It’s Fright Fest at Six Flags, but it wasn’t the zombies walking around the park that scared me the most.

Many people like a good scare, and there was plenty of that Saturday night when Jami and I went to the amusement park.

Employees dressed as zombies and creatures of the night stalked passersby, but never uttered a word, which added an oddly frightening experience.

It wasn’t the Mr. Freeze ride that shoots thrill seekers backward 150 feet into the air at 70 miles per hour.

It also wasn’t The Boss roller coaster with a 150-foot drop that made my blood curdle.

Nope, it was the swing set — the SkyScreamer — that scared me the most during Fright Fest.

The SkyScreamer is not a traditional roller coaster, but a giant spinning swing set that makes someone feel the size of a chipmunk at the school yard.

The ride is 236 feet tall and those who dare start on the ground, then spin toward the top at speeds that reach about 43 miles per hour.

I have looked at the fairly new ride from afar and said I could probably do without riding giant playground equipment.

But Saturday night there was something in the air that led Jami and me toward this terrible decision.

We rode Mr. Freeze and had adrenaline flowing through us. We made our way to the SkyScreamer and waiting in a very short line.

It isn’t the height that scared me. I think the tower is just as tall as the Superman which I have ridden several times before.

The problem was when I sat down, strapped in and looked up.

I saw the chains keeping the swing’s seat from hurdling through the air and I thought to myself, “That’s it?”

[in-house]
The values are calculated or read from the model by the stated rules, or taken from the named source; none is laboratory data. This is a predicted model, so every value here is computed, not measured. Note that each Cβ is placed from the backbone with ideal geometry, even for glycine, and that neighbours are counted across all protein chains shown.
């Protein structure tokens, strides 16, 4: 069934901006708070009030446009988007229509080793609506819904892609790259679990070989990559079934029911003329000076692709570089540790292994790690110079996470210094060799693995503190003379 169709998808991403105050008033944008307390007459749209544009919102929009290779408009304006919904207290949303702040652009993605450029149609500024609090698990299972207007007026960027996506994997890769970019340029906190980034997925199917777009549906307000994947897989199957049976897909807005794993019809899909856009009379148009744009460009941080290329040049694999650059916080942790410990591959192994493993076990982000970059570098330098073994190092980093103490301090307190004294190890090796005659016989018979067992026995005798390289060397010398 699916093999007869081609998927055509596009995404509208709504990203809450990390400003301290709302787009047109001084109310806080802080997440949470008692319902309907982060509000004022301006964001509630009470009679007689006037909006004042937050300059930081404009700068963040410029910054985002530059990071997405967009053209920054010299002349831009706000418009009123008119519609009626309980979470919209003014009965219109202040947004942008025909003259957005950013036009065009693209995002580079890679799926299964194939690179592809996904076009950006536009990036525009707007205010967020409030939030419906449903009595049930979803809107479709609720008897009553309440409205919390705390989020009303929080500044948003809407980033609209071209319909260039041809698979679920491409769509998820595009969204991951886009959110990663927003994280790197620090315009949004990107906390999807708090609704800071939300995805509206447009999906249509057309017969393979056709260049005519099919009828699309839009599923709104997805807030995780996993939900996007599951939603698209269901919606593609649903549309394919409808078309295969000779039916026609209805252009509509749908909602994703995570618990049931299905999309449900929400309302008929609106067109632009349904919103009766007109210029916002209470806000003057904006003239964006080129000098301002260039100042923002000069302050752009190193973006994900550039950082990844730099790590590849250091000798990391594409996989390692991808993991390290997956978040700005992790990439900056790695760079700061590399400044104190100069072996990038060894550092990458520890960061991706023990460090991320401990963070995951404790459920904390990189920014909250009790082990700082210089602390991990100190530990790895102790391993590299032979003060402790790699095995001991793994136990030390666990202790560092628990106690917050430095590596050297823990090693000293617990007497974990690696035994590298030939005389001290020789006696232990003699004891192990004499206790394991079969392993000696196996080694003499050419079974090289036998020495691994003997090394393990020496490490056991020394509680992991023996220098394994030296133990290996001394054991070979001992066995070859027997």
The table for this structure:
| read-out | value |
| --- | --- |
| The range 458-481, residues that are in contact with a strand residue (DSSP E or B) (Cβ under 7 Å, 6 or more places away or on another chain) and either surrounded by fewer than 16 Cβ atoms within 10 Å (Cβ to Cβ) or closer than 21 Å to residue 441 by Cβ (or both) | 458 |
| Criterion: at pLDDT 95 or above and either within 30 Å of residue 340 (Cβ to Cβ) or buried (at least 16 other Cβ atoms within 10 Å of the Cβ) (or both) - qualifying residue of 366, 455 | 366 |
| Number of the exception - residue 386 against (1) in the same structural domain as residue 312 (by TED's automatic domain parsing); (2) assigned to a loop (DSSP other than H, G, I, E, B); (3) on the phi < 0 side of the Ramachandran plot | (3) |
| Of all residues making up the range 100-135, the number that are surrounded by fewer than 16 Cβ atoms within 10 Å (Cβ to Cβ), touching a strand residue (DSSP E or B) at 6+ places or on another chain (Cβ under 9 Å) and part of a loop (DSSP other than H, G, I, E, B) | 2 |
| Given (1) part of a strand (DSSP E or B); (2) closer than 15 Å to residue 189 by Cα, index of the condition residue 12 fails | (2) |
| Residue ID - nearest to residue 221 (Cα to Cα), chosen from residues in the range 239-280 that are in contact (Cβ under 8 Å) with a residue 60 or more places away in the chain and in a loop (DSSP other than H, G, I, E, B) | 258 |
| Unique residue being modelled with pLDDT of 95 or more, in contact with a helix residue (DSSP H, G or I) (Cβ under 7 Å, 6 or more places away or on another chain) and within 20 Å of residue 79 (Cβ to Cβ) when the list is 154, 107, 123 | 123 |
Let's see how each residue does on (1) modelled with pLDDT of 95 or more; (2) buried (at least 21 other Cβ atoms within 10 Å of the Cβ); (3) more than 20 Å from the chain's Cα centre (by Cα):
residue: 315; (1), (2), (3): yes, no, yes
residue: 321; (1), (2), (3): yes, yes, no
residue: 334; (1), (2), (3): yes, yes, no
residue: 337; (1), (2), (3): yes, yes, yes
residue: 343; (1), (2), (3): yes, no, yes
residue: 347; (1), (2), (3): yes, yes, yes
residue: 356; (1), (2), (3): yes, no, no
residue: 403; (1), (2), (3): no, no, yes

The chains that hold the swings to the spinning cylinders should be chains made of titanium or some extra terrestrial metal stronger than anything on Earth. But these chains looked like aluminum — and they really aren’t that big.

The seats of this massive swing set were attached with the same size chains that were on the swing set of my backyard.

It terrified me when I looked up knowing that I would be flung through the air with my only protection of elementary school recess-grade metal chains.

I think these swings should have been held up by the kind of chains that pull trucks out of ditches.

Chains that are used to lift 10-ton air-conditioning units onto roofs.

As I soared through the air, my only thought was the chain could break at any minute and I would go on a trip of a lifetime ending in the middle of Interstate 44.

I am sure that the equipment is safe. It has been tested over and over before it is allowed to be used by the general public.

That doesn’t change the fact that there are accidents at amusement parks each year.

I do enjoy going to Six Flags, and even can brave the 45 minutes (or longer) lines, but I really don’t want to end up at the front of the line for the Batman ride because I was flung there from the SkyScreamer.